Review: Escape Reality (Misery)

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Misery review- Escape Reality Cardiff

Nurse Wilkes will see you now.

Being locked in with an obsessive fan who has a penchant for murder sounds like a great way to spend an hour. But like all serial killers, your captor can’t help but keep trophies. These insights into her twisted mind are the clues you’ll use to escape. Otherwise she’ll make your life a Misery.

Misery: The room

If you’ve read Stephen King’s Misery or seen the film adaptation, you’ll feel right at home. I say that lightly, because “home” is a psychopath’s stomping ground.

The room is well-decorated with enough extras to add to the immersion without throwing up red herrings (although I did get a creepy surprise at one point…).

Misery is the smallest room in Escape Reality Cardiff, and I think that plays to its strengths. What better way to enhance the sense of claustrophobia than to have a team scramble about in a small space?

Escape Reality do multi-room escape experiences well, and Misery is no exception. Aesthetically, it’s tense, creepy and immersive.

I should also note that Escape Reality are the only venue in Cardiff to have an on-site bar, which was great for our post-escape victory drink. Also, the staff here are some of the friendliest and most helpful of all the venues I’ve played.

Check out these other reviews of rooms at Escape Reality

Misery: The puzzles

Many escape rooms rely on the tried-and-tested four-digit combination lock as their bread and butter.

Escape Reality do no such thing. I think there was only one combination lock in the entire room – the rest of the game was made up of physical keys, keypads and one or two innovative surprises that I won’t spoil here.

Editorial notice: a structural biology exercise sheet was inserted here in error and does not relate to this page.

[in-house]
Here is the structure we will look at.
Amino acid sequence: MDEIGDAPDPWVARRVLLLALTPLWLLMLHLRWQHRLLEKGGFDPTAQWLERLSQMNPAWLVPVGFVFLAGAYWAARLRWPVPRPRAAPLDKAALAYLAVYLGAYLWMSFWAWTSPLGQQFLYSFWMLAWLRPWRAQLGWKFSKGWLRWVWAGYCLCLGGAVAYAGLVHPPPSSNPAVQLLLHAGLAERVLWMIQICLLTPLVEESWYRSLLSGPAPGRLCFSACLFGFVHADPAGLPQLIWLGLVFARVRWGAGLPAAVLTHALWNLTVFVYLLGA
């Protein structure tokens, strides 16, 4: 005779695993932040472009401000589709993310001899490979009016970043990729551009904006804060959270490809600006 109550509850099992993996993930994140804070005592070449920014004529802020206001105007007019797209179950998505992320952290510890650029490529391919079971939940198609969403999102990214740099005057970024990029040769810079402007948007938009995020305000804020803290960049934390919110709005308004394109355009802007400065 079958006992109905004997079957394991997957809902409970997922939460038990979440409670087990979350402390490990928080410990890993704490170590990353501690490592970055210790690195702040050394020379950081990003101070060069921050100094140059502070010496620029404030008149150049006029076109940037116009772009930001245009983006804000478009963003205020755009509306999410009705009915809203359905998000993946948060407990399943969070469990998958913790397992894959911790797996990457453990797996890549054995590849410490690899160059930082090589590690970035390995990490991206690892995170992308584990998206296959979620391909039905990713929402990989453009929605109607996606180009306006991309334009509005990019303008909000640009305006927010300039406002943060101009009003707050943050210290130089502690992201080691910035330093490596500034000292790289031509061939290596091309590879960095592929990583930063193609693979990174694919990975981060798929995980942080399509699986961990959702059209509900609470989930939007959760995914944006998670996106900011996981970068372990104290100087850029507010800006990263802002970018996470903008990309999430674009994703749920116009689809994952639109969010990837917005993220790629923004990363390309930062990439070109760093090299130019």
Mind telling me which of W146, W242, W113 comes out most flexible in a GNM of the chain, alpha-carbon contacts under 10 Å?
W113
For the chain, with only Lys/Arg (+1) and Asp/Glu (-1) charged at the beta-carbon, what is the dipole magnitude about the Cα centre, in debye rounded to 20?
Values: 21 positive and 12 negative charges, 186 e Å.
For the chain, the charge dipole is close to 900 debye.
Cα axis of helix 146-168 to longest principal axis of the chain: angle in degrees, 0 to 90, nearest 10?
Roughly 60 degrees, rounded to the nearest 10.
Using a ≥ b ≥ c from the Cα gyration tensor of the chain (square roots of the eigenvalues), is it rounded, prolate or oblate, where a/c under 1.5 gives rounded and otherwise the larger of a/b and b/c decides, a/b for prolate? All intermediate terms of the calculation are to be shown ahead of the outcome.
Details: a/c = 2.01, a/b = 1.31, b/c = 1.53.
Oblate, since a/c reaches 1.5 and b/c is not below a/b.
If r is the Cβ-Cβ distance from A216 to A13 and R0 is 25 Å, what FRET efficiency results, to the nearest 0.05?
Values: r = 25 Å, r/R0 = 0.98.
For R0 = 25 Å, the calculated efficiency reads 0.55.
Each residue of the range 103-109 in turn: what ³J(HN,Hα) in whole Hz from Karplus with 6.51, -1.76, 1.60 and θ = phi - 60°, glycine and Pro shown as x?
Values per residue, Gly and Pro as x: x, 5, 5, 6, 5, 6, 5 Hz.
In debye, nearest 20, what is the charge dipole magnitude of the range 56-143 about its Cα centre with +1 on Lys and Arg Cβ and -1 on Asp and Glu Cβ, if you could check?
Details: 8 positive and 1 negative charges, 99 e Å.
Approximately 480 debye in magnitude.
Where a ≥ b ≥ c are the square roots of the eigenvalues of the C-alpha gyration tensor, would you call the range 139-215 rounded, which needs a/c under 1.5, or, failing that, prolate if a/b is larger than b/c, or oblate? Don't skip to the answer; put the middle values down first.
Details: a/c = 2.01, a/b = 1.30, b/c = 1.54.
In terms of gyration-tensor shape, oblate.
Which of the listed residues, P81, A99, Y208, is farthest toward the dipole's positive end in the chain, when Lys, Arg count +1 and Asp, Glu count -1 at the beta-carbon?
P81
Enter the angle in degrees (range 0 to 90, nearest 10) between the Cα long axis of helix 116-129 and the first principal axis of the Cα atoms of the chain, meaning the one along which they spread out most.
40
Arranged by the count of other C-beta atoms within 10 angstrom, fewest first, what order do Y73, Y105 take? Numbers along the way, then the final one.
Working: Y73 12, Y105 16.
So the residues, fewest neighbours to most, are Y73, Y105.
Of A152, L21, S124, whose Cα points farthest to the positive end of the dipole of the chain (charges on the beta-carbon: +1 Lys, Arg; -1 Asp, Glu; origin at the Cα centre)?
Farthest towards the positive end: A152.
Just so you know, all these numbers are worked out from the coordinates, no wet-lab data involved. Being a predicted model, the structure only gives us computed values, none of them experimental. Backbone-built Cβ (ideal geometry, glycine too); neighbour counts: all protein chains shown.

What I like most about these puzzles is that they rely on different kinds of lateral thinking. In one case we figured out the solution by looking into the personalities of both the captor and her victim.

This innovative approach to both the puzzle mechanics and the puzzles themselves sometimes threw us.

There was one puzzle in particular that we couldn’t figure out without the use of a hint and solution. We’d come across it before when playing another room, but even then it didn’t twig.

This particular puzzle seemed to require a leap of logic that we wouldn’t have gotten to had we not asked for the solution. This is a shame, as I think the puzzle mechanic itself is quite cool. I think that it just needs a little more signposting as to how to arrive at that solution.

That being said, it might just be that our team just wasn’t quite attuned to this particular puzzle. Depending on your escape squad, you may find the same, or you’ll have someone who’ll just “get it”.

Misery: The hints

I really like the concept of how Escape Reality’s hint system works. You get an iPad with your countdown timer, but it doubles up as a QR reader. Around the room are QR codes that you scan, giving you the option of a hint or solution (that you pay for by adding a minute or so to your overall time).

The issue we had was that often these QR codes wouldn’t scan. This means we’d spend more than a minute trying to scan it in order to get the hint. Given the varying levels of light in an escape room, they were difficult to use anyway.

The staff are aware of the issue and have said that they’re looking into improving the system, though.

Escaped with eight minutes to spare

Spurred on by our failures at the Fibonacci and Enigmista rooms, we defeated the Misery room with eight minutes on the clock.

Our MVP of the night was Rob, who tackled the most fiendish puzzles with ease.

We can now take our place on the victory wall with our epic, albeit blurry, photo.

Geeks in Wales victory photo at Misery, Escape Reality Cardiff

Misery was a fun and challenging room. I also stand by my statement that Escape Reality are the most difficult venue in Cardiff. If you’re after a challenge, I highly recommend you pay this room a visit. If you’re a complete newbie, I’d suggest you either get a few other rooms under your belt first, or team up with folks who have more experience.

Misery suits teams between two and five, and booking starts at £22 per person.

Disclosure: We were offered a complimentary game for the purposes of writing a fair and honest review. This has not affected our opinion of the game whatsoever. Check out the disclosure policy for more info.

Have you played any of the escape rooms in Wales? Let me know what you thought!